Dwight Muhammad Qawi 20 Career Boxing Fights On 7 DVDs with menus
Overall Quality 8-10
Complete set in chronological order on 7 high quality DVDs. Includes premium cases and artwork printed on the DVDs.
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DWIGHT MUHAMMAD QAWI 20 fights on 7 boxing DVDs
Fights Boxing DVD 1
Dwight Muhammad Qawi vs Rossman
Dwight Muhammad Qawi vs Scott
Dwight Muhammad Qawi vs Muhammad I
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DWIGHT MUHAMMAD QAWI 20 fights on 7 boxing DVDS
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  ITEM # 835p
Price $140.00
  without artwork on DVDs
  with artwork on DVDs + $15
 ITEM # 835
  ITEM # 835c
with artwork on DVDs plus clear cases + $25
Fights Boxing DVD 7
Dwight Muhammad Qawi vs Salerno
Dwight Muhammad Qawi vs Louis
Dwight Muhammad Qawi vs Lainhart
Dwight Muhammad Qawi vs Miller
Fights Boxing DVD 2
Dwight Muhammad Qawi vs Martin
Dwight Muhammad Qawi vs Muhammad II
Dwight Muhammad Qawi vs Davis I
Fights Boxing DVD 3
Dwight Muhammad Qawi vs M. Spinks
Dwight Muhammad Qawi vs Davis II
Fights Boxing DVD 4
Dwight Muhammad Qawi vs Greer
Dwight Muhammad Qawi vs Crous (HL)
Dwight Muhammad Qawi vs L. Spinks
Fights Boxing DVD 5
Dwight Muhammad Qawi vs Holyfield I
Dwight Muhammad Qawi vs Murphy
Fights Boxing DVD 6
Dwight Muhammad Qawi vs Holyfield II
Dwight Muhammad Qawi vs Foreman
Dwight Muhammad Qawi vs Hunter

Dwight Muhammad Qawi (born Dwight Braxton; January 5, 1953) is an American former professional bxer who competed from 1978 to 1998. He was a world champion in two weight classes, having held the WBC and Ring magazine light heavyweight titles from 1981 to 1983, and the WBA cruiserweight title from 1985 to 1986. Qawi was inducted into the International Boxing Hall of Fame in 2004.

If only Dwight Qawi could have dealth with his problems outside of the ring the way he dealt with his challenges inside the ring, there's no telling the impact he could have had in the light heavyweight and cruiserweight divisions. Because of substance abuse, Qawi unraveled towards the end of his career.

It is also because of his past substance abuse problem that he is a champion of more importance, making an impact on the lives of several at-risk youths as a counselor at Lighthouse, a rehabilitation facility in Mays Landing, New Jersey.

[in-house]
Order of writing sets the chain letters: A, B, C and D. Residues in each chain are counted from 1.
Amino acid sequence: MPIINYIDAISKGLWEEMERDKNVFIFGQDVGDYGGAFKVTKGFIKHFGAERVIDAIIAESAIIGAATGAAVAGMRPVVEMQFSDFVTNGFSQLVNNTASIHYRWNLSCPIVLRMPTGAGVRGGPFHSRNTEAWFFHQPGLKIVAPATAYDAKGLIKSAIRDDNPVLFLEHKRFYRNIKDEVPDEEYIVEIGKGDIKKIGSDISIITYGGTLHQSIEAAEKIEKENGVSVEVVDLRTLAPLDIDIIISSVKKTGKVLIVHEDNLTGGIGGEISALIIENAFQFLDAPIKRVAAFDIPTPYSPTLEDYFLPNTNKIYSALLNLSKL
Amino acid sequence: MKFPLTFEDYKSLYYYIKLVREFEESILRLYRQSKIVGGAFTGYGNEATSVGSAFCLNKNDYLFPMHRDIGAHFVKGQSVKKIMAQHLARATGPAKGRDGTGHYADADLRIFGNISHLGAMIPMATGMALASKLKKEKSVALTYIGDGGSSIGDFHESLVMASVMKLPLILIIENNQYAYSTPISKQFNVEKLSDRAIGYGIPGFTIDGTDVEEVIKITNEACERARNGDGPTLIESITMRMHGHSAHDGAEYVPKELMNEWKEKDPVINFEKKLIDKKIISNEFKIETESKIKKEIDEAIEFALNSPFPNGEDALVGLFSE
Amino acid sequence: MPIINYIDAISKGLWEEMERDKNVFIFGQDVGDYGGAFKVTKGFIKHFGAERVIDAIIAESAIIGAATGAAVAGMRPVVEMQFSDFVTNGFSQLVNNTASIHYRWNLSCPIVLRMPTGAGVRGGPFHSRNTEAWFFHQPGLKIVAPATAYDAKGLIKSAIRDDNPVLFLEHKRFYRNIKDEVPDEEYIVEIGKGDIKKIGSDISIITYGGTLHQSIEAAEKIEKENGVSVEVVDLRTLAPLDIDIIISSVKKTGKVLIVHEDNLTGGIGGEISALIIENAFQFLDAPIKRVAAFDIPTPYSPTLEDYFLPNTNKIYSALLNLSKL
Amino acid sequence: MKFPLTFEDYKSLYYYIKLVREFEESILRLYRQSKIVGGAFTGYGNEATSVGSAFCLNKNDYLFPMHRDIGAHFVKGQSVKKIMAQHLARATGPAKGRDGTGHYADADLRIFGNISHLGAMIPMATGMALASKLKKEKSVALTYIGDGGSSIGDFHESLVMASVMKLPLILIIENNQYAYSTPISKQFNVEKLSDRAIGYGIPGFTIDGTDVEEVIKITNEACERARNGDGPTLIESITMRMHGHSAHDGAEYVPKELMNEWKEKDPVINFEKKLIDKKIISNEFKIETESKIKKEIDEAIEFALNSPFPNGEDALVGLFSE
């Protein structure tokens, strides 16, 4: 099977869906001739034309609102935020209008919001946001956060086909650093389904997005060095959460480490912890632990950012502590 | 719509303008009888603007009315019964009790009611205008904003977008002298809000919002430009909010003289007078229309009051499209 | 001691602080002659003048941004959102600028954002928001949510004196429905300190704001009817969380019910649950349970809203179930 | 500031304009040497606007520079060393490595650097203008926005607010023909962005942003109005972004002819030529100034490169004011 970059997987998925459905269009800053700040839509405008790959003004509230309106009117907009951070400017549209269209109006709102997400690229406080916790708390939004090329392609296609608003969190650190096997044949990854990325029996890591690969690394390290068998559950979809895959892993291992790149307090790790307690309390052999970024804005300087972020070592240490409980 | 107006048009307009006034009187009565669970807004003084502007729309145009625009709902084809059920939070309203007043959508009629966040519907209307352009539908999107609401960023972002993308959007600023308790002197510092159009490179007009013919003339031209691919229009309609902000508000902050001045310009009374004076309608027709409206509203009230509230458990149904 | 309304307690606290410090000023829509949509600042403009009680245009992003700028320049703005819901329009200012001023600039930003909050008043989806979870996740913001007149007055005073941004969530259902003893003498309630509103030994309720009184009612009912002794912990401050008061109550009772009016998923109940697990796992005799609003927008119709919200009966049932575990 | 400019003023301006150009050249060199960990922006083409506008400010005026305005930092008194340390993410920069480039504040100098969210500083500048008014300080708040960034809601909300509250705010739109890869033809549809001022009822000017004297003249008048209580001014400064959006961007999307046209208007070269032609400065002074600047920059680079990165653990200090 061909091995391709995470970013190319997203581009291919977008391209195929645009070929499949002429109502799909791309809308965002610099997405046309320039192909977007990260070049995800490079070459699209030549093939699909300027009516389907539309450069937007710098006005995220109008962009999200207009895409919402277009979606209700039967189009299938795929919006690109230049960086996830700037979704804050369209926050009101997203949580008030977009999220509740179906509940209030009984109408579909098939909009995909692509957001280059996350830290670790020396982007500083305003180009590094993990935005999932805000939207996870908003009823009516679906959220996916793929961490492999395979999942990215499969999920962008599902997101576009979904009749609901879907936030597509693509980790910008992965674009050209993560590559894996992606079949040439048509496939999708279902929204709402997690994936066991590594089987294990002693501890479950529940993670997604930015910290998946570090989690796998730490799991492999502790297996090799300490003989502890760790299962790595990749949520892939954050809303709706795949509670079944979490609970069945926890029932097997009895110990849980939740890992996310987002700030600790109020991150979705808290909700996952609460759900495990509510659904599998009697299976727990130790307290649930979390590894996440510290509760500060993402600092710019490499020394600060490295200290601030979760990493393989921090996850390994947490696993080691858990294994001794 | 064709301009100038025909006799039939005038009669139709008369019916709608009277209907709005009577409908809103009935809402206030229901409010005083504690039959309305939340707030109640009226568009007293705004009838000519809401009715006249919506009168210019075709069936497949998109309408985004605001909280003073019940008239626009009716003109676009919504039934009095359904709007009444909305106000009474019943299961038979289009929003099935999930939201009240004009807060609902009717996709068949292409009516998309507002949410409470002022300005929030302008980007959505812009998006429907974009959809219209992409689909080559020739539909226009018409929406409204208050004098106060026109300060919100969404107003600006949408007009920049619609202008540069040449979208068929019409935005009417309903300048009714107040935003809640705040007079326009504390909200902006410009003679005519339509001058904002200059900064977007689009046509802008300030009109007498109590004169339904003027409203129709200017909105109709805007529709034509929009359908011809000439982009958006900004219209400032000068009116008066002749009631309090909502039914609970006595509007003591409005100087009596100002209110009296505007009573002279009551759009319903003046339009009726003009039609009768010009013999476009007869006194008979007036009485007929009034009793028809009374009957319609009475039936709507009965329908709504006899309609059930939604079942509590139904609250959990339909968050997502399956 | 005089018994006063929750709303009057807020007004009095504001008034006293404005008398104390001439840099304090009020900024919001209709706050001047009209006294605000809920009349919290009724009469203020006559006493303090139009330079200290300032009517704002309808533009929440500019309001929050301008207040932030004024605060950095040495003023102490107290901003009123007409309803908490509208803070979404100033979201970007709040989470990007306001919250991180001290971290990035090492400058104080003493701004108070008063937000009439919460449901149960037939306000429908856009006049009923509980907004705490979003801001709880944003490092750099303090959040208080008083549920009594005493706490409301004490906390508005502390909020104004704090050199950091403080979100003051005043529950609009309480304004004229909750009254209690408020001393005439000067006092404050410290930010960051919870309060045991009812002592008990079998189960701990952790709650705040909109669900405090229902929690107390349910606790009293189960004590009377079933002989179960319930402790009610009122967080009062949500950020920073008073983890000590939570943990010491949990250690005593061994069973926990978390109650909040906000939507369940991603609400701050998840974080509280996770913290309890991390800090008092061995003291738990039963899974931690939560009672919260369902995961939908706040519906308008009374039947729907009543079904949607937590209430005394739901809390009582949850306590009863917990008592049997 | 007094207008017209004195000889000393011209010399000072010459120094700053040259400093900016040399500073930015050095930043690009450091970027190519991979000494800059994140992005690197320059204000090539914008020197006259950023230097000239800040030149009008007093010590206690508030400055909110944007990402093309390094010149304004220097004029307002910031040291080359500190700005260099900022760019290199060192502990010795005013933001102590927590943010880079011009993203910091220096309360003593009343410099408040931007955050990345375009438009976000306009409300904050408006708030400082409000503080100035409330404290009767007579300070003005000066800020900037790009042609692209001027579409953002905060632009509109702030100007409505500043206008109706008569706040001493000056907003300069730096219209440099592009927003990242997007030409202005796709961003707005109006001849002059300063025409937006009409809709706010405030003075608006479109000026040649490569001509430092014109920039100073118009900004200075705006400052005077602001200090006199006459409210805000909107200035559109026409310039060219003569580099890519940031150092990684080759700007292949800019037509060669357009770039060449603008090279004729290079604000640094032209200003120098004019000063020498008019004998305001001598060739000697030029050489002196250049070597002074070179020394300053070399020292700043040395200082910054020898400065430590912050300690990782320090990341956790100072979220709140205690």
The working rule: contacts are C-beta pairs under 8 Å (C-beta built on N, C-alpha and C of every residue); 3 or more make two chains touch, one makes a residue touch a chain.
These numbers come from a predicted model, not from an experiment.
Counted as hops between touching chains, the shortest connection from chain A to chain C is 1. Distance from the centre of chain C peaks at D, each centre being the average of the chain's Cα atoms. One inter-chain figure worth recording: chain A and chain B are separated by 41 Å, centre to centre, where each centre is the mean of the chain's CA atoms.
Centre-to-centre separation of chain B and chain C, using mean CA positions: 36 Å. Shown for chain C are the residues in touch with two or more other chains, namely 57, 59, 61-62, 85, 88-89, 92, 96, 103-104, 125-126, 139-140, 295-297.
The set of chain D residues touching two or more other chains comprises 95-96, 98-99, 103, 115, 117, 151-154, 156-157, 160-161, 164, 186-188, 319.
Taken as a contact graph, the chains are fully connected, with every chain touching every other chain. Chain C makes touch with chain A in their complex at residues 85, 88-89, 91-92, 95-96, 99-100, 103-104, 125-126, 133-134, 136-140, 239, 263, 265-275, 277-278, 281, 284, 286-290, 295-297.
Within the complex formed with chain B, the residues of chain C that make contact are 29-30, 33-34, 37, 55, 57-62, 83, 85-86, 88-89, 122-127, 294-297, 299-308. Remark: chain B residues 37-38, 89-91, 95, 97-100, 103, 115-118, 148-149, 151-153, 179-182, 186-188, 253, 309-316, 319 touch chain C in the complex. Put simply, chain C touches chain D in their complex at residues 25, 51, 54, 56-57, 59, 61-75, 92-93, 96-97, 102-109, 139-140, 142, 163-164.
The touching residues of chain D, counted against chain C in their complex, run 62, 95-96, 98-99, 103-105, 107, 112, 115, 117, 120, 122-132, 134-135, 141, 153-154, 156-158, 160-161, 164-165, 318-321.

Qawi, born Dwight Braxton on January 5, 1953, learned how to handle himself on the tough streets of Camden, NJ, where he was convicted of armed robbery at age 19. He spent more than five years in prison where he learned to meld his street fighting background with elements of the Sweet Science.

Inside prison, a fellow inmate named Malcolm Lewis taught him how to use his feet, how to move and have a good center of balance, something that proved to be very valuable to the 5-foot-6 and a half-inch brawler who came to be known as the "Camden Buzzsaw."

"I learned how to fight on the streets," Qawi told MaxBoxing.com from his home in Somers Point NJ. "I was a street fighter and boxing was always plan C for me when I got out of prison."

Qawi was 25 when he was released and with no amateur experience, he figured going to trade school was his best option. That was until fate stepped in and a man named Ike Hammonds, who saw Qawi bust people up in the streets, approached him shortly after he was released from prison.

"I was walking down the street and this guy who seen my work on the street drove by," Qawi said. "He jumped out of his car and told me I'd be a champion."

Hammonds bought Qawi his first pair of trunks, hand wraps and other equipment, and brought him to Joe Frazier's gym in Philadelphia. After only a month of working out, he had his first professional bout in 1978. Three years later he was on the threshold of greatness when he took on Mattew Saad Muhammad for the WBC light heavyweight championship.

He would win a 10-round TKO over Muhammad and convert to Islam. He would win the rematch a year later, this time via sixth round TKO.

While he considers his second fight with Muhammad his best fight he said the most intriguing round of career came in his defense against Eddie Davis.

In the tenth round Davis made a go at Qawi, forcing the champion to reassess his game plan. He knew in order to be successful, he'd have to use his stellar body punches to regain control of the bout.

"I stayed alive in that round and I had to put him on a leash," Qawi said. "I went to the body and made him follow me around the ring instead of me following him."

He would go on to lose his belt to Michael Spinks in 1983 and moved to cruiserweight, where he defeated Piet Crous for the WBA version of the title in '85. Evander Holyfield then came along and took the title with a classic 15-round slugfest one year later that the future undisputed heavyweight champ won by split decision. Holyfield dispatched Qawi in four rounds in the rematch.